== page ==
Remember way back in February when Kevin Harvick was firmly ranked first in the Chase after winning the Daytona 500?
Remember all the hoopla by racing pundits everywhere about how Kevin had the Chase all but sewn up?
What I do remember, though, is all the whining by Sunoco, The Official Fuel Supplier of NASCAR, that the Shell emblem on Harvick’s car was way too big, and that it was unfair because, because, oh yes, because the Shell car won and the emblem was too big. You see, Sunoco, The Official Fuel Supplier of NASCAR, had paid millions of dollars to be The Official Fuel Supplier of NASCAR, and they felt it just wasn’t right that the car sponsored by a competitor twice as big as themselves won the Daytona 500, or some such drivel.
What I also remember from way back when was that I said that Sunoco, The Official Fuel Supplier of NASCAR, had obviously spent way too much to actually be The Official Fuel Supplier of NASCAR and not enough on their advertising team. If they did, they would have come up with a clever commercial pointing out the fact that, “Even the Shell car – the winner of the 2007 Daytona 500 – was powered by Sunoco, The Official Fuel Supplier of NASCAR!”
But no; they opted instead to whine and cry about the big Shell emblem, totally missing out on an advertising bonanza in the process. And here we are – eight months later – and all of a sudden, they seem to be missing out once again.
In case you have become a “causal fan” and have not been living and breathing all things NASCAR – as per King Brian’s delusional assumptions – you might not know that varying amounts of water were found in the fuel cells and carburetors of several Cup contenders after last Sunday’s race in Atlanta. Multiple cars, including the No. 29 Shell car of Harvick and even the race-winning car of Jimmie Johnson showed signs of contamination when analyzed during post-race inspection. However, none were affected to the degree that matched the No. 11 Chevy of Denny Hamlin.
“When I hit the gas, it took off, then it stopped. It took off again, then it stopped,” Hamlin said after a late-race restart that ended in a multi-car pileup. “I was just waiting for the hit from behind. We weren’t getting the full potential on fuel. I don’t know how (stuff) got in there. We just poured what we had out of the carburetor, and it was a good amount – a very, very good amount – of water in there. Even the bolts were oxidized.”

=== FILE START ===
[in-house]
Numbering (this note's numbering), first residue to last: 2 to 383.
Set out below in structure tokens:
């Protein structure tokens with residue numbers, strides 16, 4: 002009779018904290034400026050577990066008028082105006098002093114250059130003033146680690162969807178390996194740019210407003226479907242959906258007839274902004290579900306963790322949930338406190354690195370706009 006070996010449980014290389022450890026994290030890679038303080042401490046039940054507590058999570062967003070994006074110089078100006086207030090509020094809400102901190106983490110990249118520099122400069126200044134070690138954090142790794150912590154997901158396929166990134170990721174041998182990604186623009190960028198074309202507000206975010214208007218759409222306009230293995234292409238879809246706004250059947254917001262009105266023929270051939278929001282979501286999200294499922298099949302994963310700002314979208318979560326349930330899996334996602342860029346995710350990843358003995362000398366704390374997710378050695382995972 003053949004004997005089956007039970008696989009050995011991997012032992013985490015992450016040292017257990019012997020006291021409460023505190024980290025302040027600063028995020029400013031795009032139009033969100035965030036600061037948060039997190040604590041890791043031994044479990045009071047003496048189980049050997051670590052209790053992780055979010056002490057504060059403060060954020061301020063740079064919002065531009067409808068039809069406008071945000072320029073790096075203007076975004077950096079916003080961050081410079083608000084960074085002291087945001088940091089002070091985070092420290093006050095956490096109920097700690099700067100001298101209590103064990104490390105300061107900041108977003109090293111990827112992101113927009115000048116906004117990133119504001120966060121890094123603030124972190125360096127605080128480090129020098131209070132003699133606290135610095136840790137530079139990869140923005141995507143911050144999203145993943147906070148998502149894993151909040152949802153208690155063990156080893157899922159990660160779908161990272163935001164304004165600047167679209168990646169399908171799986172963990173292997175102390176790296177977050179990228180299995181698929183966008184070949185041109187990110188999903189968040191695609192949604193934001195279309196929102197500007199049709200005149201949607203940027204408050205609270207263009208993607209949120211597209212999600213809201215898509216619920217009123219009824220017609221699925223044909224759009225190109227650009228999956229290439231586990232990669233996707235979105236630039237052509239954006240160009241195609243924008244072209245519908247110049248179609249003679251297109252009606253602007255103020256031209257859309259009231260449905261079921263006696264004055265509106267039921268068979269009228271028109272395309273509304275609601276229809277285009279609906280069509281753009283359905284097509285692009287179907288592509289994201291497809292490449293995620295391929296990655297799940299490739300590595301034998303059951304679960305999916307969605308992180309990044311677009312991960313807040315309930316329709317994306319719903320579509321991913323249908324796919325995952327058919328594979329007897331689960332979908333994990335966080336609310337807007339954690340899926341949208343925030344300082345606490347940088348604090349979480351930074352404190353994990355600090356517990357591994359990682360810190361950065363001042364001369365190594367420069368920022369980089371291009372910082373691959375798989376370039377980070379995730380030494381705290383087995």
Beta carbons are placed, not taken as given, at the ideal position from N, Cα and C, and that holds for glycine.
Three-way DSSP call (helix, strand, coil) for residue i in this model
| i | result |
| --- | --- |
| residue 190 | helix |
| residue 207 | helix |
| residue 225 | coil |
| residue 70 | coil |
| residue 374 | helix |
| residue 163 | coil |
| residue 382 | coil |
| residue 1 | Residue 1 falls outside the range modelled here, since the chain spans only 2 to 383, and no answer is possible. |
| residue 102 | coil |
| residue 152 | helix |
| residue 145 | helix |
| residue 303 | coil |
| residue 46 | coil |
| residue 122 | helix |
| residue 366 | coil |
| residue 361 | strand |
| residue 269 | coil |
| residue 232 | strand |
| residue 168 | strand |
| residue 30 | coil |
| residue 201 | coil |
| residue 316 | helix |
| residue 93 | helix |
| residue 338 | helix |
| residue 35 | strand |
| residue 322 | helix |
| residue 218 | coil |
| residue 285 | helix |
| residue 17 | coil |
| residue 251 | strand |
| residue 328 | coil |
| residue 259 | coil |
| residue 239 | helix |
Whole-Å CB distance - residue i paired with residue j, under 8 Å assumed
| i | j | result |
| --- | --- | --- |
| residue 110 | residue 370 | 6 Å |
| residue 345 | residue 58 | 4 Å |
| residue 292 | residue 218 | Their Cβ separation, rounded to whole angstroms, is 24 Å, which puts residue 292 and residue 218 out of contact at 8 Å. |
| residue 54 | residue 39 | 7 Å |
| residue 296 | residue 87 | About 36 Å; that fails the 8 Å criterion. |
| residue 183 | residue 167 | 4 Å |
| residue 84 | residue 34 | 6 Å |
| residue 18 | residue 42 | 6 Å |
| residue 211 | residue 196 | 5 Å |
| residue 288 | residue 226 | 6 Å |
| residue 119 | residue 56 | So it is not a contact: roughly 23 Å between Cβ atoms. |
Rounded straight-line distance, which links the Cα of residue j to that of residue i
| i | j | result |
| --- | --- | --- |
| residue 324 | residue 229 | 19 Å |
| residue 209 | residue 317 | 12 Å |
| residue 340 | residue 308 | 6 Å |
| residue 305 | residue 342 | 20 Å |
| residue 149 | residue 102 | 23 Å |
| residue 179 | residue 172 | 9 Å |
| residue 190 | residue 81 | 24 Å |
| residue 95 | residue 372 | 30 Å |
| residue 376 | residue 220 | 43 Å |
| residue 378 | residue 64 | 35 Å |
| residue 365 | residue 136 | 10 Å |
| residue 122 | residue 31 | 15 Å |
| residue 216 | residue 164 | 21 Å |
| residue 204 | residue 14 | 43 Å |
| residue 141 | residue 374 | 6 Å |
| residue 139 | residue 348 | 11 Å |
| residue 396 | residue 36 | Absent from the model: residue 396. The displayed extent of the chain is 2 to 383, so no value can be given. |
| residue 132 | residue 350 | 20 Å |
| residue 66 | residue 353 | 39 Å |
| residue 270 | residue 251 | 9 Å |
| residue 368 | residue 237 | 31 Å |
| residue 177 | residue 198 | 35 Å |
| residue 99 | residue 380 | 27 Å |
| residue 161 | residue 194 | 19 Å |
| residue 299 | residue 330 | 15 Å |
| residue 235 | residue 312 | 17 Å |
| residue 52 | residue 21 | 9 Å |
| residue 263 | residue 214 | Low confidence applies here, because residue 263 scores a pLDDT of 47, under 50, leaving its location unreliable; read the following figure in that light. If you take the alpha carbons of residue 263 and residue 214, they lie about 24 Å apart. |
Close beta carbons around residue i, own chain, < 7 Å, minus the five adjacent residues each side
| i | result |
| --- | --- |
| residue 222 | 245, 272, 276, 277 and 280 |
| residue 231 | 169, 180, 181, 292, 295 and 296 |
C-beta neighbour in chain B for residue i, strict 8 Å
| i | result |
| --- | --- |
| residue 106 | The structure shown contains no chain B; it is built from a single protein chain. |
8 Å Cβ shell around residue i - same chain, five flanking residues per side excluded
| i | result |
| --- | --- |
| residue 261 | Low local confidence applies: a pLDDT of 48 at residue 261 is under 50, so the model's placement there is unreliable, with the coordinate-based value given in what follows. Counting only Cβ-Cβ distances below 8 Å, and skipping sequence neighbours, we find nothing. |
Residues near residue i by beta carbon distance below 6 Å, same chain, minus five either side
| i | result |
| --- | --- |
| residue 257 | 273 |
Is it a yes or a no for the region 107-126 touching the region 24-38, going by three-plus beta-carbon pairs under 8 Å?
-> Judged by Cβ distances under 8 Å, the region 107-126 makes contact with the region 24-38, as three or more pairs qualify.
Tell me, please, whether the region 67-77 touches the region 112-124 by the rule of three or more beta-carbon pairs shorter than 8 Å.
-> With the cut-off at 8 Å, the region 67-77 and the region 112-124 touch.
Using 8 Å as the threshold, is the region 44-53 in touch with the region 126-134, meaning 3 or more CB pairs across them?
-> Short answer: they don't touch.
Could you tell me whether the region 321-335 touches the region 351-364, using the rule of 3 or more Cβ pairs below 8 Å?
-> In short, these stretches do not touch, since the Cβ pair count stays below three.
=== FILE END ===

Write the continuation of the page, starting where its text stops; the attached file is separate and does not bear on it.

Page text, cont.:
While NASCAR’s Nextel Cup Director, John Darby, disagrees that Hamlin’s restart problems were caused by fuel contamination, he did assure the media that NASCAR was working aggressively with Sunoco to pinpoint the problem. Darby was also quick to reveal the facts as he understood them.
“There are multiple teams that are showing positive for some level of water contamination level in their fuel,” said Mr. Obvious, I mean, Darby. “I can’t tell you the exact number. It’s more than two and less than 43 at the moment. It’s a brownish-colored water. If it was just water, it would be more clear.”
While NASCAR has narrowed down the number of cars affected to be between two and 43 – and, more importantly, correctly identified the color of the water – Sunoco, The Official Fuel Supplier of NASCAR, has been strangely silent. Too silent, to the point that you can almost imagine every Sunoco employee has been asked just to stand there, staring at the ground and shrugging their shoulders while muttering, “I dunno.”
Now, I can understand that having water found in your “Official Fuel” may be embarrassing to Sunoco, but now is clearly not the time to remain silent. What they really need to do is to treat their advertising team to a really nice lunch and have them put a positive spin on all this mess. Something like,
“Sunoco fuel, even watered down, it still wins at NASCAR’s highest level. Just ask Jimmie Johnson!”
“Even in drought conditions, Sunoco can quench your engine’s thirst!”
No, you might not be able to take Kasey Kahne to dinner – but you can take his fuel! Just make sure to leave a little earlier!
Stay off the wall,
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